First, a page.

As I pointed out in one of my previous posts, the name and patronymic of the famous writer, Pyotr Nikolaevich, hints at Pyotr Ilyich Tchaikovsky and Lev Nikolaevich Tolstoy. At the beginning of a letter of March 16, 1890, to Modest Tchaikovsky (the composer’s brother, librettist) Chekhov asks the permission to strike out the thirteenth lastochka (swallow) on the notepaper:

Позвольте зачеркнуть тринадцатую ласточку, дорогой Модест Ильич: несчастливое число.

“The Spring in Fialta” appeared in VN’s collection Nabokov’s Dozen (1958) that includes thirteen stories. The maiden name of Sofia Botkin (the “real” name of both Sybil Shade, the poet’s wife, and Queen Disa) was Sofia Lastochkin. The “real” name of Hazel Shade (Shade’s daughter who committed suicide) seems to be Nadezhda Botkin. At her birthday party Antonina Pavlovna tells Eleonora Shnap (Lyubov’s midwife) that she has two daughters, Lyubov’ and Vera, but, alas, no Nadezhda:

Элеонора Шнап. К сожаленью, об этом уже говорит вес, вес город.

Антонина Павловна. Именно, к сожалению! Очень хорошо. Я сама понимаю, что этим нечего гордиться: только ближе к могиле. Это моя дочь Вера. Любовь, вы, конечно, знаете, моего зятя тоже, а Надежды у меня нет.

Элеонора Шнап. Божмой! Неужели безнадежно?

Антонина Павловна. Да, ужасно безнадежная семья. (Смеётся.) А до чего мне хотелось иметь маленькую Надю с зелёными глазками. (Act Two)

Vera, Nadezhda and Lyubov’ (Faith, Hope, and Love) are the three daughters of Sophia (Wisdom). Eleonora Shnap misunderstands Antonina Pavlovna’s words and asks her if the situation is beznadezhna (hopeless). Eleonora Shnap’s exclamation Bozhmoy brings to mind Bozhe moy (“my God”), a Russian ejaculation used by Gradus (Shade’s murderer) at a moment of stress:

Gradus returned to the Main Desk.

"Too bad," said the girl, "I just saw him leave."

"Bozhe moy, Bozhe moy," muttered Gradus, who sometimes at moments of stress used Russian ejaculations.

"You'll find him in the directory," she said pushing it towards him, and dismissing the sick man's existence to attend to the wants of Mr. Gerald Emerald who was taking out a fat bestseller in a cellophane jacket.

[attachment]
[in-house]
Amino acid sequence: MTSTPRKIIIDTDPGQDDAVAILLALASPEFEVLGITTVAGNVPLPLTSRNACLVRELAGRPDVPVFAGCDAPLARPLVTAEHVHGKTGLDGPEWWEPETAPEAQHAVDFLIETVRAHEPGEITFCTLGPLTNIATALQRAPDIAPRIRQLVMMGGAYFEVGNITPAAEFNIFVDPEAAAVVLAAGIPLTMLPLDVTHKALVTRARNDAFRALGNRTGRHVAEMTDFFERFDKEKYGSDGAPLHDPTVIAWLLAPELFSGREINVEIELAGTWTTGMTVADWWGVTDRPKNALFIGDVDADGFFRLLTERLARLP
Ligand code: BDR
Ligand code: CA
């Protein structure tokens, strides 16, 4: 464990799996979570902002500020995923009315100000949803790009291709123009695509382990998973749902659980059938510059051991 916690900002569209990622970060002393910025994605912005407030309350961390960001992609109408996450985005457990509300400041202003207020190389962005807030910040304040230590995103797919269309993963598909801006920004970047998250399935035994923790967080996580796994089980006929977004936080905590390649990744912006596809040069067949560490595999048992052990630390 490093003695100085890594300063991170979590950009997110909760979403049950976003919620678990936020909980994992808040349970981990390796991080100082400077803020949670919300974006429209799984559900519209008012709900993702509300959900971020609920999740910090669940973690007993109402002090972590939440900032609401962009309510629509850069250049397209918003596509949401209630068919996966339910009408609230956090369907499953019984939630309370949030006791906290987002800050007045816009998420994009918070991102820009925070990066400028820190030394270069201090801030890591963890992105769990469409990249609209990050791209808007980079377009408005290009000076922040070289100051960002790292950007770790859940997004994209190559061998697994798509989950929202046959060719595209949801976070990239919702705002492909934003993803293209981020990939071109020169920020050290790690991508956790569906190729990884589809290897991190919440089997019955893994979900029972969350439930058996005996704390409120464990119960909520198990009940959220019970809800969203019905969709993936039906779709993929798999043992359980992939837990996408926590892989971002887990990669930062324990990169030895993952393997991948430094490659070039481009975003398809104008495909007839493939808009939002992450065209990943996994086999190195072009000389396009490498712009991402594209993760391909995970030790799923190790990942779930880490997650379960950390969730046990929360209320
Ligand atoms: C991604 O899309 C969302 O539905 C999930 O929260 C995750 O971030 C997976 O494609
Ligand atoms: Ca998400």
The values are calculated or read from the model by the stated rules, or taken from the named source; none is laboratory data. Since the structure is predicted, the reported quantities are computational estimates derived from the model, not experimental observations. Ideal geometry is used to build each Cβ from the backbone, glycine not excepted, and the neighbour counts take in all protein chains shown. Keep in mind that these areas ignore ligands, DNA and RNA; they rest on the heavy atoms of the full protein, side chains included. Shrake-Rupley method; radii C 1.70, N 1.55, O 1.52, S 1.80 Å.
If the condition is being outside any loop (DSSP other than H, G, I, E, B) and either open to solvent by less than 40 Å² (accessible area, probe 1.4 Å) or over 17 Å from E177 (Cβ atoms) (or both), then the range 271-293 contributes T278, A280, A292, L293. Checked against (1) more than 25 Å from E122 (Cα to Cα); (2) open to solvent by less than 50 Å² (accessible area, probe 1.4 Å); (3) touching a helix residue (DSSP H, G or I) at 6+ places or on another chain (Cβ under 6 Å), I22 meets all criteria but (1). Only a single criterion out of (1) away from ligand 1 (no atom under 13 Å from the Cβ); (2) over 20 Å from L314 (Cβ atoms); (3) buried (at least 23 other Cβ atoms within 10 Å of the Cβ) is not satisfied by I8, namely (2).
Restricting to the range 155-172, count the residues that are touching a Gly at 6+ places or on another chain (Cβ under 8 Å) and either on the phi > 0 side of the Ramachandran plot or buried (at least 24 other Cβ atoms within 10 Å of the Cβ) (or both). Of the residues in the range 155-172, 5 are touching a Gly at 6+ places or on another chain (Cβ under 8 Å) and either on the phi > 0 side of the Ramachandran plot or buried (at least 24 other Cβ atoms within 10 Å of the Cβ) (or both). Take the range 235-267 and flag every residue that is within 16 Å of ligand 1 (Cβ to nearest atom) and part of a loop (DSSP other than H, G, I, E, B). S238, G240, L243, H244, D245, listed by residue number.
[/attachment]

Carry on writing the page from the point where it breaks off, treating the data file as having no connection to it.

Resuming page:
Moaning and shifting from one foot to the other, Gradus started leafing through the college directory but when he found the address, he was faced with the problem of getting there.

"Dulwich Road," he cried to the girl. "Near? Far? Very far, probably?"

"Are you by any chance Professor Pnin's new assistant?" asked Emerald.

"No," said the girl. "This man is looking for Dr. Kinbote, I think. You are looking for Dr. Kinbote, aren't you?"

"Yes, and I can't any more," said Gradus.

"I thought so," said the girl. "Doesn't he live somewhere near Mr. Shade, Gerry?"

"Oh, definitely," said Gerry, and turned to the killer: "I can drive you there if you like. It is on my way."

Did they talk in the car, these two characters, the man in green and the man in brown? Who can say? They did not. After all, the drive took only a few minutes (it took me, at the wheel of my powerful Kramler, four and a half).

"I think I'll drop you here," said Mr. Emerald. "It's that house up there."

One finds it hard to decide what Gradus alias Grey wanted more at that minute: discharge his gun or rid himself of the inexhaustible lava in his bowels. As he began hurriedly fumbling at the car door, unfastidious Emerald leaned, close to him, across him almost merging with him, to help him open it--and then, slamming it shut again, whizzed on to some tryst in the valley. My reader will, I hope, appreciate all the minute particulars I have taken such trouble to present to him after a long talk I had with the killer; he will appreciate them even more if I tell him that, according to the legend spread later by the police, Jack Grey had been given a lift, all the way from Roanoke, or somewhere, by a lonesome trucker! One can only hope that an impartial search will turn up the trilby forgotten in the Library--or in Mr. Emerald's car. (note to Line 949)

According to Kinbote, he once overheard Gerald Emerald calling him “the great beaver:”

One day I happened to enter the English Literature office in quest of a magazine with the picture of the Royal Palace in Onhava, which I wanted my friend to see, when I overheard a young instructor in a green velvet jacket, whom I shall mercifully call Gerald Emerald, carelessly saying in answer to something the secretary had asked: "I guess My Shade has already left with the great beaver." Of course, I am quite tall, and my brown beard is of a rather rich tint and texture; the silly cognomen evidently applied to me, but was not worth noticing, and after calmly taking the magazine from a pamphlet-cluttered table, I contented myself on my way out with pulling Gerald Emerald's bow-tie loose with a deft jerk of my fingers as I passed by him. (Foreword)